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Hooyah: Navy Seals Card Game - Board Game Box Shot

Hooyah: Navy Seals Card Game

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Hooyah!, a tribute to the Navy Seals, is a challenging, elegant co-op with mounting tension and no violence. Pleasant co-op surprise!

go to: Who would enjoy this game?


In Hooyah, players take on the roles of Navy Seals, each with their own specialization, and work together to gather provisions to complete up to five Operations (Ops) in preparation for one final mission. One player, who is assigned as the Lieutenant Commander, leads the team through the dangers and tests of skills. If just one member of the team fails then the mission ends for all players. If all the Seals successfully plan and prepare for the risks ahead, the order can then be given; the battle cry of the Navy Seals: Hooyah!

Hooyah game in play

Set Up

Hooyah seals cards

Each Player chooses or is randomly assigned one of 10 Navy Seal cards that defines their role and specialization in the game with one exception; one player must be the Lieutenant Commander (LC) for the game and will issue specific orders and command the team. Players also take 5 health tokens.

The Ops/Events deck is shuffled and two cards are dealt into five rows. These rows represent the five Operations that players must complete in preparation for the final Mission. The two cards in the first Ops row are turned face up revealing two numbers in a colored field. These Ops cards present the players with the objective of the current Operation: collect the displayed number of colored cards. There are five colors that represent the important skills used in the game: yellow for air support, blue for aquatic skills, purple for tech skills, red for marksmanship, and green for physical training and strength. The Time Counter’s dial is set to the total value of these two Operation cards and is placed in front of the Lieutenant Commander.

Hooyah mission card and timer

The Skills/Equipment deck is shuffled and five cards are dealt face-up to a Provisions area. Players on their turn will collect cards from this area in order to gather the number of colored cards that match either or both of the two face-up Ops cards. There are also Equipment cards that provide an added game effect as well. Subsequently, one of five Mission cards is chosen, placed in a holder and set up where all players can see. The mission card contains a Mission Event, as well as conditions the players will have to meet to win the game. The LC always goes first.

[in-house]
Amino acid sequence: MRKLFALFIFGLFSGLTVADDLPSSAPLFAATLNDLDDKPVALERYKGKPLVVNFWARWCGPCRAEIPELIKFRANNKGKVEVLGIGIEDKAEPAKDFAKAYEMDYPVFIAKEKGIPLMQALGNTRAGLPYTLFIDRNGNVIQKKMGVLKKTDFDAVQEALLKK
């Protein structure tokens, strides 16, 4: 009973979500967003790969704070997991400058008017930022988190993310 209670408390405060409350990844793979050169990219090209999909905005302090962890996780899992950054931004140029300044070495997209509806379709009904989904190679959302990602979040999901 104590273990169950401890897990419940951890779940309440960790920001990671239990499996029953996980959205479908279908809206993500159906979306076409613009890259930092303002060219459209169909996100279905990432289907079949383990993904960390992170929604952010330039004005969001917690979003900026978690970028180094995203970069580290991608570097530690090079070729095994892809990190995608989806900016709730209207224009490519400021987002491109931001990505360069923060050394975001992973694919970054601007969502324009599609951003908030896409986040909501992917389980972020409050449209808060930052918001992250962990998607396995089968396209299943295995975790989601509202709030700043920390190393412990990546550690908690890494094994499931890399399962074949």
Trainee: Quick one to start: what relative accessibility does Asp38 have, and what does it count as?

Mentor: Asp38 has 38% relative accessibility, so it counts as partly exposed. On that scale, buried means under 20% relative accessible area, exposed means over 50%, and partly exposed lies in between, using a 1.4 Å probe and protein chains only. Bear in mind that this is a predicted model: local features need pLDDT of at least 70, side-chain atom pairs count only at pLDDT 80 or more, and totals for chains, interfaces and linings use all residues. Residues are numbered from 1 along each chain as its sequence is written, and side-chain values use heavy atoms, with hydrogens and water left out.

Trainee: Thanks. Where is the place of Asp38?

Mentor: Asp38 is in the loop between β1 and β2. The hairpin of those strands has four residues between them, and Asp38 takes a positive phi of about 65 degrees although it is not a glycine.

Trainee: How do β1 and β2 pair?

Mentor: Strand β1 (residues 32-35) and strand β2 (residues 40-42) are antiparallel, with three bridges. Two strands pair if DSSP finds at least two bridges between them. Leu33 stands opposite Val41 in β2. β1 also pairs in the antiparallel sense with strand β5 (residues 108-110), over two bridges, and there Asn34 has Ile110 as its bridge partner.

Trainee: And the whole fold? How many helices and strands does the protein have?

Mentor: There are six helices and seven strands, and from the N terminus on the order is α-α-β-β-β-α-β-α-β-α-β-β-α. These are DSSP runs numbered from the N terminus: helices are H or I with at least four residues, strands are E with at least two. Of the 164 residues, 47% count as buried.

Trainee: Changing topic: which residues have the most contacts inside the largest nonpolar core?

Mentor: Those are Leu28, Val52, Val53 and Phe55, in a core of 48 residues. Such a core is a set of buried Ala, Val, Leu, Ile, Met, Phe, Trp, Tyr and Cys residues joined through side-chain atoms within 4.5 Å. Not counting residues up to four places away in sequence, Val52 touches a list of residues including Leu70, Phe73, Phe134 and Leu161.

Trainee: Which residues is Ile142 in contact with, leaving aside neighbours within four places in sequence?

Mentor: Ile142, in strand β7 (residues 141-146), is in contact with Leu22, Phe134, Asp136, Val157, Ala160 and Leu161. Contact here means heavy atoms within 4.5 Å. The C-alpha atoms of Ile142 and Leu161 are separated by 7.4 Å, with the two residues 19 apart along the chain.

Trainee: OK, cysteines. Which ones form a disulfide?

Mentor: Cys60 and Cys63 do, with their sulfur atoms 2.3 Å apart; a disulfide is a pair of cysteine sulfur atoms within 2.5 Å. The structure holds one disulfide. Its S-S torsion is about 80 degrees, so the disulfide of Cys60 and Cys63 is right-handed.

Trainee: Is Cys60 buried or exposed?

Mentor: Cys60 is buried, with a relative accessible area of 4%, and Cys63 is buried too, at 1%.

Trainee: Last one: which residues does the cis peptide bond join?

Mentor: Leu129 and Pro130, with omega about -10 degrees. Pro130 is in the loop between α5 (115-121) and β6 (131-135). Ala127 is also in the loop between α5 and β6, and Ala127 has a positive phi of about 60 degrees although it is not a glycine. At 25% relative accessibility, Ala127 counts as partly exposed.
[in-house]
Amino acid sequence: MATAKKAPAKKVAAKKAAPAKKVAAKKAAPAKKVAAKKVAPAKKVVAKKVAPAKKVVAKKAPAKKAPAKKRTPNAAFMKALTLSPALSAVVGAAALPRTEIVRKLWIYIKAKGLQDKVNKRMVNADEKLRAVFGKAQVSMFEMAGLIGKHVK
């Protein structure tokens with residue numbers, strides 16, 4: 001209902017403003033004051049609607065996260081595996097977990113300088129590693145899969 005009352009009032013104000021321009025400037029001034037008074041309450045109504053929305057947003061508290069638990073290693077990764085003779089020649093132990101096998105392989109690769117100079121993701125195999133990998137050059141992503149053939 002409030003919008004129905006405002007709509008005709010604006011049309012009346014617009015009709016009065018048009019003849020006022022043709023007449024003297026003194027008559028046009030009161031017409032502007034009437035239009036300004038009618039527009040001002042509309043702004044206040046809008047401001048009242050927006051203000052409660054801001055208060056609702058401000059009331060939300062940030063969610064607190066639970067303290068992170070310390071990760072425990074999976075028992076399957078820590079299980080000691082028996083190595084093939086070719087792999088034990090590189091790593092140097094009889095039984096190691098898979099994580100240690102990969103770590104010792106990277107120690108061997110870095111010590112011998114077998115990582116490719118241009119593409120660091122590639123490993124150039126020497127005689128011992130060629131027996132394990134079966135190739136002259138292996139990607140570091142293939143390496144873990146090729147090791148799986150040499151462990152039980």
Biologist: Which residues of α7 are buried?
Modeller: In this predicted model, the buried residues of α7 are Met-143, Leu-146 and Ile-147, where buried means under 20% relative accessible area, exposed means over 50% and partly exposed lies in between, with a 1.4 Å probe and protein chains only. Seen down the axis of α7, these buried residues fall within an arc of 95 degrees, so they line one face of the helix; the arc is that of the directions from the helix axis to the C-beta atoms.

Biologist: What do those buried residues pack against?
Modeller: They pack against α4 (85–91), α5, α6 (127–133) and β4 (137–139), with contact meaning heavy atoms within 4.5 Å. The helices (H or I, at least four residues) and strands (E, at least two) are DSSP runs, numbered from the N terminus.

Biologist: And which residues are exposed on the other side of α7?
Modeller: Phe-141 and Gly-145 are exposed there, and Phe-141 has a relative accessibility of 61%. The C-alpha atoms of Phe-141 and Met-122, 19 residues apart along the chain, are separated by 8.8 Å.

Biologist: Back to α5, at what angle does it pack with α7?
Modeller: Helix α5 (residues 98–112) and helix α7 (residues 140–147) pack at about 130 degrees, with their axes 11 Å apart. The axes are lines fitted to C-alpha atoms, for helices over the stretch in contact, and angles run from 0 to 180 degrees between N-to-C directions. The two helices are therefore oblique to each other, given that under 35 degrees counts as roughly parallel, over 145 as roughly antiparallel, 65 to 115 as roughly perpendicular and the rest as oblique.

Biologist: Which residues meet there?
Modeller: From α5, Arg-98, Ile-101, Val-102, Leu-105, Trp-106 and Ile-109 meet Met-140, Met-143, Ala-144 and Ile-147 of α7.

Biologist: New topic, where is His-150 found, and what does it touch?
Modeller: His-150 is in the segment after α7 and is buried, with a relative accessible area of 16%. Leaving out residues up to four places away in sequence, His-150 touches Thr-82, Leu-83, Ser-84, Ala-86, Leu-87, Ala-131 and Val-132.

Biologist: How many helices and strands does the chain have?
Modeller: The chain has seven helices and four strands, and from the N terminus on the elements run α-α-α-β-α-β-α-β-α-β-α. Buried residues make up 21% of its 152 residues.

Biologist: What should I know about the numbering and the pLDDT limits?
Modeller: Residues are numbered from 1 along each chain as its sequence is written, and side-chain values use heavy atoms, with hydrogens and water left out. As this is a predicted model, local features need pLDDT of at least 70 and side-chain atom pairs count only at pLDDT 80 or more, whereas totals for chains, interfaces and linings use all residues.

Hooyah equitment cards


Hooyah gameplay is divided into three major phases:

The Prepare Phase: Players gather Skill/Equipment Cards to gather the necessary cards to complete the current OP. Each player in turn, may draw two cards from the face-up Provisions cards or draw one at a time from the top of the Skill/Equipment deck.

Hooyah skill cards

Players seek to collectively gather a number of colored skill cards equal to or more than the numbers on the two face-up Ops cards. During this phase the LC may also call a role call, to allow each Seal in turn to report on an amount of one color skill they can contribute to the OP. (Example: I can provide 3 Air Support (Yellow) Sir!). If the LC feels that the players can safely achieve the OP, the LC calls Hooyah! And the Ops Phase begins.

The Ops Phase: After Hooyah! is called and before players may combine their cards to complete the Operation, they must face a number of Events equal to the number of players plus the number of the Operation. Most Event cards test a Seal’s skills, and may require that player to produce a card of the matching color of the Event, (Blue for Aquatic and so forth.) Some Events have special effects that can profoundly affect a player’s ability to support the current OP, even doing bodily harm. After all the Events have been faced, the players now reveal from their hands the cards that are necessary to complete the OP. Success means revealing OP cards in the next row and beginning the Prepare Phase for the next OP or the Mission itself. Failure means a loss of one health for all Seals, loss of all cards in hand, and attempting the same OP again.

The Mission Phase: After the 5th and final OP is completed successfully, each player faces an Event, and then all players may attempt the Mission. Each player, beginning with the LC, reveals cards from their hands to complete the specific color/skill requirements listed on the Mission card. Success means Victory for the team! Failure means a loss, returning to base with a better idea of what it takes to be better prepared an setting up the game for another play.

Hooyah ops events cards


All of the components for Hooyah are of very high quality. Simple and elegant, the artwork and graphics by Joe Boginski and Jody Boginski-Barbessi are done with an eye for detail and utility; being easy to read, see and understand. The rulebook, is formatted well, with ample illustrations and sidebar explanations; making the game easy to learn. Real-life backgrounds on the five Missions in the game are included, but not necessary to enjoy the game.

Learning Curve

Hooyah is easy to learn and begin playing in 10 minutes. As with all good games, learning the complexity of the interaction between players and real tactical planning for mission success takes experience and repeated game play.